Microchip makes microcontrollers for various devices and is Smith's favorite stock. "In the case of Microchip, Smith says we're dealing with a stock that has very strong institutional ownership. In other words, Microchip is almost an anointed winner at this point given this trajectory, even if we haven't talked about it that much on the show," said Cramer. The daily chart shows that the stock is making bullish moves around $74. The full stochastic oscillator is giving a buy signal. The MACD indicator shows a positive push upwards is in store for the stock.
"If Microchip Technology can clear its near-term ceiling at $75, which is only a few cents above where the stock is currently trading, then Smith believes it can make its way to $86 in the not-too-distant future," said Cramer. He added that the company's upcoming earnings report will be the positive catalyst for it to move higher.
The charts of Micron show that it is gearing up for a rally. "Eventually, Micron's end markets will go bust as they get flooded with new supply and pricing comes down, but for the moment, it's still very much in boom mode and that could last quite a while before this move runs out of juice," said Cramer. The stochastic oscillator show the stock is in oversold territory and the Williams percent R oscillator shows a possible move higher out of oversold territory.
"Perhaps best of all, Smith notes that Micron has a floor of support at $25.84, about a buck and a half below where it's currently trading, which makes this a low-risk entry point, as she believes Micron could have smooth sailing to the $34 level," added Cramer.
AMD was the best performing stock of 2016. The stock is settling above its lows in March and the selling volume is decreasing. The MACD indicator shows that the stock is moving out of oversold territory. "My one concern is that AMD reports on May 1st, and while this company has given us a miraculous turnaround, a less-than-perfect quarter might throw this whole story out of kilter," said Cramer.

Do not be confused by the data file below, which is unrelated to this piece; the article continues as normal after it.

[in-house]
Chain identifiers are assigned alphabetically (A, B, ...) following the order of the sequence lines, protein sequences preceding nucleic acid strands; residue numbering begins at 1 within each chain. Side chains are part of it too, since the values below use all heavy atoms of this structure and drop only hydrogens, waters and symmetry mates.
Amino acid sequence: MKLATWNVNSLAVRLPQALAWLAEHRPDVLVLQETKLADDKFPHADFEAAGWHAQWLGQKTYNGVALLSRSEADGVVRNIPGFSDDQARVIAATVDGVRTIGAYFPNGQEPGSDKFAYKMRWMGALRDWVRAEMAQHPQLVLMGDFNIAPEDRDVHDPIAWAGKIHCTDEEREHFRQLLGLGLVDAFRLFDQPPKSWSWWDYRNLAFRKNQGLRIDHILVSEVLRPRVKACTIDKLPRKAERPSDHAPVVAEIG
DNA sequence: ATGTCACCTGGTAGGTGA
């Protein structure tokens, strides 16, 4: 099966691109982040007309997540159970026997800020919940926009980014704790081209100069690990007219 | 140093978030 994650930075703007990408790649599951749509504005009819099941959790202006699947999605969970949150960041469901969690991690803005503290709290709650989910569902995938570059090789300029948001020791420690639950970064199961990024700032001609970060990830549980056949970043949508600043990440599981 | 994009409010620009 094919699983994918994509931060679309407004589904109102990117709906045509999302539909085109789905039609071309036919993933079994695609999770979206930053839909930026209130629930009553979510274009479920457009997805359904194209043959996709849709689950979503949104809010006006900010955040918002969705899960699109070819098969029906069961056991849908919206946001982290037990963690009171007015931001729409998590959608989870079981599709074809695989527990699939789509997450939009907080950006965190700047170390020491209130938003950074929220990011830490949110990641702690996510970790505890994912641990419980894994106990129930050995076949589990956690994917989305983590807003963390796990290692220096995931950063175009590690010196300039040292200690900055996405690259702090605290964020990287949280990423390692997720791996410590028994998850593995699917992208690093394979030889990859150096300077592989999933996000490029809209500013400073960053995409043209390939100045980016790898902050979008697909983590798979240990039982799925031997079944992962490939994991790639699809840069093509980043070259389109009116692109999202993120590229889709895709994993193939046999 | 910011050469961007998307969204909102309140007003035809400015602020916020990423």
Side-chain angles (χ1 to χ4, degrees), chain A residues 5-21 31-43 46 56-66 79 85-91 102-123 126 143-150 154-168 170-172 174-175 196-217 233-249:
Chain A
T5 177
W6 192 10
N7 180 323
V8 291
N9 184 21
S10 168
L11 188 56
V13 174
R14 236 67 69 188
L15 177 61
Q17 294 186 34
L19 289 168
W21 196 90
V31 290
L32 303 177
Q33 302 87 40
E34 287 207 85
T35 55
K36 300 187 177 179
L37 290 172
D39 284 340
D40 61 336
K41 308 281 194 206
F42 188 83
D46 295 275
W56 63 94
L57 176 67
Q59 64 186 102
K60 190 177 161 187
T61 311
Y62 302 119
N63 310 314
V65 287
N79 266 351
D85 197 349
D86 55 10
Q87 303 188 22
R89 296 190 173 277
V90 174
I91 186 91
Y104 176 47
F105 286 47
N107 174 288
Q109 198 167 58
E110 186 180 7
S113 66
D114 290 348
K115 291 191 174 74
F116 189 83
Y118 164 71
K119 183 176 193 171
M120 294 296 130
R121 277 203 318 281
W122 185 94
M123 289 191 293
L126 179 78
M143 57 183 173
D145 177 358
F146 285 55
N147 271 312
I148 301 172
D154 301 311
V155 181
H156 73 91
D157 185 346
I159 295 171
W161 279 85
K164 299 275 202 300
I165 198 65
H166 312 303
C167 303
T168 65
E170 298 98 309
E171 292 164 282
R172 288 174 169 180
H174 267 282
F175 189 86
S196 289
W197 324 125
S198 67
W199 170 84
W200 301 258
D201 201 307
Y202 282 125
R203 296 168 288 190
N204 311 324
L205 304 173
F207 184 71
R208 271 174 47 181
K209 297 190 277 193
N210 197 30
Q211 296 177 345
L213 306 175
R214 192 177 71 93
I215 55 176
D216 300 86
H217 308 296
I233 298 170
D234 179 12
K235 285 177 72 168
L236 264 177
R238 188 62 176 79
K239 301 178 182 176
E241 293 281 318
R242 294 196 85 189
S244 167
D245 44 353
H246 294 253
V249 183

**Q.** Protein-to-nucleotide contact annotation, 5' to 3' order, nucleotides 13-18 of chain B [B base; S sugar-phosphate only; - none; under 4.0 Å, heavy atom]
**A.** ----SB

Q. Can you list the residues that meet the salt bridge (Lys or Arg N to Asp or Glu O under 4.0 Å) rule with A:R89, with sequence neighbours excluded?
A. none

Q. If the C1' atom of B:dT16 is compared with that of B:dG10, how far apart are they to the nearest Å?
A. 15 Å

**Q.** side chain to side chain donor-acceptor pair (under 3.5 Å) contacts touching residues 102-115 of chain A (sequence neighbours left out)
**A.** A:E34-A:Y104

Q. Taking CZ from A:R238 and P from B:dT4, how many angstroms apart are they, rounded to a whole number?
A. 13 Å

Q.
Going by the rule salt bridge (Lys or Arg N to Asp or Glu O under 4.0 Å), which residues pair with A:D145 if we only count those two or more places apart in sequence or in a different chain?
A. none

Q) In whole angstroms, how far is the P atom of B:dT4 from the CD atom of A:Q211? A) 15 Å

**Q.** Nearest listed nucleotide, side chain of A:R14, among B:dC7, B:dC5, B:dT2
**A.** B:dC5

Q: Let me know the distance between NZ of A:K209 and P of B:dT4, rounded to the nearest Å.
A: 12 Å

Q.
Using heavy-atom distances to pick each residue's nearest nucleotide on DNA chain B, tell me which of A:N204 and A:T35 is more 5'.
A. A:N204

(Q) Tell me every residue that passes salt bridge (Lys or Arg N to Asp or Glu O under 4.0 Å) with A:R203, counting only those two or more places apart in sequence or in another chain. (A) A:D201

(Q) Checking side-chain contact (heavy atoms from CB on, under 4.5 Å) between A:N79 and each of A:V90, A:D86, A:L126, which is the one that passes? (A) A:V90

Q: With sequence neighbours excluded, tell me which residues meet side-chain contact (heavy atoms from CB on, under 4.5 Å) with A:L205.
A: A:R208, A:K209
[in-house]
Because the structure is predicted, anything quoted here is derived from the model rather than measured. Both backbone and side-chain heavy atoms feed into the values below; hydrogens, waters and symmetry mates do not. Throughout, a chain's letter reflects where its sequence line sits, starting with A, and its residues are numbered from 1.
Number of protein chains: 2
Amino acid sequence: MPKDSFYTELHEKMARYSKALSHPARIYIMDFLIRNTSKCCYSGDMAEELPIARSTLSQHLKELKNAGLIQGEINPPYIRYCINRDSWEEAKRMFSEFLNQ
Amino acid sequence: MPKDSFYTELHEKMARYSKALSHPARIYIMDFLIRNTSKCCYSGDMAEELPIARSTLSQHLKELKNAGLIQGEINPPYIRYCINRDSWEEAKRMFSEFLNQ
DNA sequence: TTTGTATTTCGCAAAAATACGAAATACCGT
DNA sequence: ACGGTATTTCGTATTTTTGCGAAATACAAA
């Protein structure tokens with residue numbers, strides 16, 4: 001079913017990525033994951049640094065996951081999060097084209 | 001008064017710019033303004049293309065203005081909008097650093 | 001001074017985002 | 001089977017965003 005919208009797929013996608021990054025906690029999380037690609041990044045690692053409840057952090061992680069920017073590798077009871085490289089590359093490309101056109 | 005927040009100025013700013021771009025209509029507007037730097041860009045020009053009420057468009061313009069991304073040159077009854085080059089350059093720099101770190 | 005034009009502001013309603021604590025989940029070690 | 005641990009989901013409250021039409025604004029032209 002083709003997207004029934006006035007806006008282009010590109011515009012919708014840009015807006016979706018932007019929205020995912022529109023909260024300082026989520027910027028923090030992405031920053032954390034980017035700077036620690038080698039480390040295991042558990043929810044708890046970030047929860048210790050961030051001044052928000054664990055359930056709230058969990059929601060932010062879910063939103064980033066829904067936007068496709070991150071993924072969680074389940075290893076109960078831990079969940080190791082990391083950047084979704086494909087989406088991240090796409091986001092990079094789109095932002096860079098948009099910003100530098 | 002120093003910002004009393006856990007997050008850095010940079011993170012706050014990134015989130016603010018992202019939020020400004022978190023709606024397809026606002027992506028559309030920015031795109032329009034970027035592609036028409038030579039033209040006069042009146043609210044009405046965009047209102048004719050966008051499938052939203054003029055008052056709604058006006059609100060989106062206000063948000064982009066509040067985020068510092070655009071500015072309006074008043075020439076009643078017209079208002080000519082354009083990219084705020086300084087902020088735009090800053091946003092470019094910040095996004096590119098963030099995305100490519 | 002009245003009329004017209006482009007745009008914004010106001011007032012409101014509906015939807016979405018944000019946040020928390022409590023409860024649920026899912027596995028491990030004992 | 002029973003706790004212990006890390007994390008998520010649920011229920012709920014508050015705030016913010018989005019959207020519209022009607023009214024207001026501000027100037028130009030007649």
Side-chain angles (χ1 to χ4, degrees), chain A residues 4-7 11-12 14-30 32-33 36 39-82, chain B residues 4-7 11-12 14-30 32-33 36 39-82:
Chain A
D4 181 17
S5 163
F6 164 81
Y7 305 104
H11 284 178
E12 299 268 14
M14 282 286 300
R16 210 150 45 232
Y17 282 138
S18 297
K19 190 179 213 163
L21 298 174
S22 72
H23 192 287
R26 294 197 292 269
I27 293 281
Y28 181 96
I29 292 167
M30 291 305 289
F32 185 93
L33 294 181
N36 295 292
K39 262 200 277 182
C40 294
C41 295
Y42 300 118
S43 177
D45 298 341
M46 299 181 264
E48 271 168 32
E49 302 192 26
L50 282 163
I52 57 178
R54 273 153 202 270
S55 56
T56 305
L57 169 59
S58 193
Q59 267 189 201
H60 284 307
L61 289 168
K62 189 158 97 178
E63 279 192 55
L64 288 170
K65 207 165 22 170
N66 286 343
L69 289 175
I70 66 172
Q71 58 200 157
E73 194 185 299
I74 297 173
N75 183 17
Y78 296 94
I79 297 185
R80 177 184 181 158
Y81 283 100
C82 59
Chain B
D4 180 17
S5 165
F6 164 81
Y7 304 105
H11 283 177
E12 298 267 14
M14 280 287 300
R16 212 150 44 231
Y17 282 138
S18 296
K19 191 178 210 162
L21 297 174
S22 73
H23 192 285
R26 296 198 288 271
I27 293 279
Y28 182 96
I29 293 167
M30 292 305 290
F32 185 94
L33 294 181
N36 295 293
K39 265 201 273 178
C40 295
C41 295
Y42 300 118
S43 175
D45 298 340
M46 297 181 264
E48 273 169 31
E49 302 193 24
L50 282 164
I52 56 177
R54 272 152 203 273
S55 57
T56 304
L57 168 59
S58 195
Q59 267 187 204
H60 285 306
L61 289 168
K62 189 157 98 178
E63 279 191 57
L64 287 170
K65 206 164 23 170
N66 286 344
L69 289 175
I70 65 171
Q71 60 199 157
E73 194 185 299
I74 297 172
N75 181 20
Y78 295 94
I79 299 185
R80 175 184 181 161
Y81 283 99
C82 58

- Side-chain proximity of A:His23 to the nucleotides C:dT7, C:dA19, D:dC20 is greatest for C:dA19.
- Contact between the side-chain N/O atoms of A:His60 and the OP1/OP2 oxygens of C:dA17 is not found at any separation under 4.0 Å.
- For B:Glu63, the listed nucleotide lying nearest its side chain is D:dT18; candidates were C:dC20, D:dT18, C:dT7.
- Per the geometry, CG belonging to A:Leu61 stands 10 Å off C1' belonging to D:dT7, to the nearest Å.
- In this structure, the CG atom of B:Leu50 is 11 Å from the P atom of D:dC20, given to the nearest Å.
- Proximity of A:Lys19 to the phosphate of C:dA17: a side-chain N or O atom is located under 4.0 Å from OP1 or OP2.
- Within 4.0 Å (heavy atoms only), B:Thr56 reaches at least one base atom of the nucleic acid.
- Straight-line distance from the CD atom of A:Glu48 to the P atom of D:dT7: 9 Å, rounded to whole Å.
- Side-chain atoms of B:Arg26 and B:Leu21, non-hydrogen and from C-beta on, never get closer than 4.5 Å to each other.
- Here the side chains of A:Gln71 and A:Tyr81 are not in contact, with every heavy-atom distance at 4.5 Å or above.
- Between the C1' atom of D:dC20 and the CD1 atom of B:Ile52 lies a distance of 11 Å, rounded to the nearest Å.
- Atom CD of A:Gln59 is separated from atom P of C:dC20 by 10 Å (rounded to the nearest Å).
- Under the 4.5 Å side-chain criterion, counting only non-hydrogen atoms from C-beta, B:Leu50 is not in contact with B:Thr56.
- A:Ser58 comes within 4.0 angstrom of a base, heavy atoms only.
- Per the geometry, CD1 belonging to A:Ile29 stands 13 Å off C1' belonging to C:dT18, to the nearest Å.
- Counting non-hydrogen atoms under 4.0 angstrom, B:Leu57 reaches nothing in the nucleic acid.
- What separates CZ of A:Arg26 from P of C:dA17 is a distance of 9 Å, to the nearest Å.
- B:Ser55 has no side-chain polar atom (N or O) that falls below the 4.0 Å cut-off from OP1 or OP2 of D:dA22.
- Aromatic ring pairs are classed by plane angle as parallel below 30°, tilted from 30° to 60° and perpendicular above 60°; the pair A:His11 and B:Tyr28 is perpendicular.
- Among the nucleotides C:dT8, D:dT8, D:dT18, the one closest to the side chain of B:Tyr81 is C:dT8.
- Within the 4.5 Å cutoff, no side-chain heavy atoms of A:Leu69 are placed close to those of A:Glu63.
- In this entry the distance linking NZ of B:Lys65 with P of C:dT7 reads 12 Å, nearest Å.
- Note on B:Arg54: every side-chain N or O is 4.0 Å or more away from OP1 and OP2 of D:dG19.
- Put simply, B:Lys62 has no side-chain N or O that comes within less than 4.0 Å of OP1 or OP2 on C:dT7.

Bottom line is that the charts show that these semiconductor stocks are worth buying.
When Cramer had suggested buying the stock of Incyte last Wednesday, he had no idea the FDA would reject its arthritis drug, Baricitinib, and the stock has fallen from $140 to $126. Is the stock still worth owning? Cramer dug deeper to find out.
Cramer said that no one saw the FDA rejection coming especially since the drug was approved in Europe. But that's the risk that comes with biotech stocks. Eli Lilly (NYSE:LLY) was Incyte's partner on the drug and its stock got hit from $85 to $80 as well. Cramer, however, is more optimistic on these stocks than the rest of the market.
Both the companies are big enough not to be derailed by one drug failure. They have strong pipelines that are in the hottest areas of biotech, like cancer immunotherapy for Incyte and diabetes for Eli Lilly. The setback for Incyte is simply a request by the FDA for more information on the dosing for Baricitinib. Based on this, Cramer will be a buyer of both Incyte and Eli Lilly on weakness and not a seller.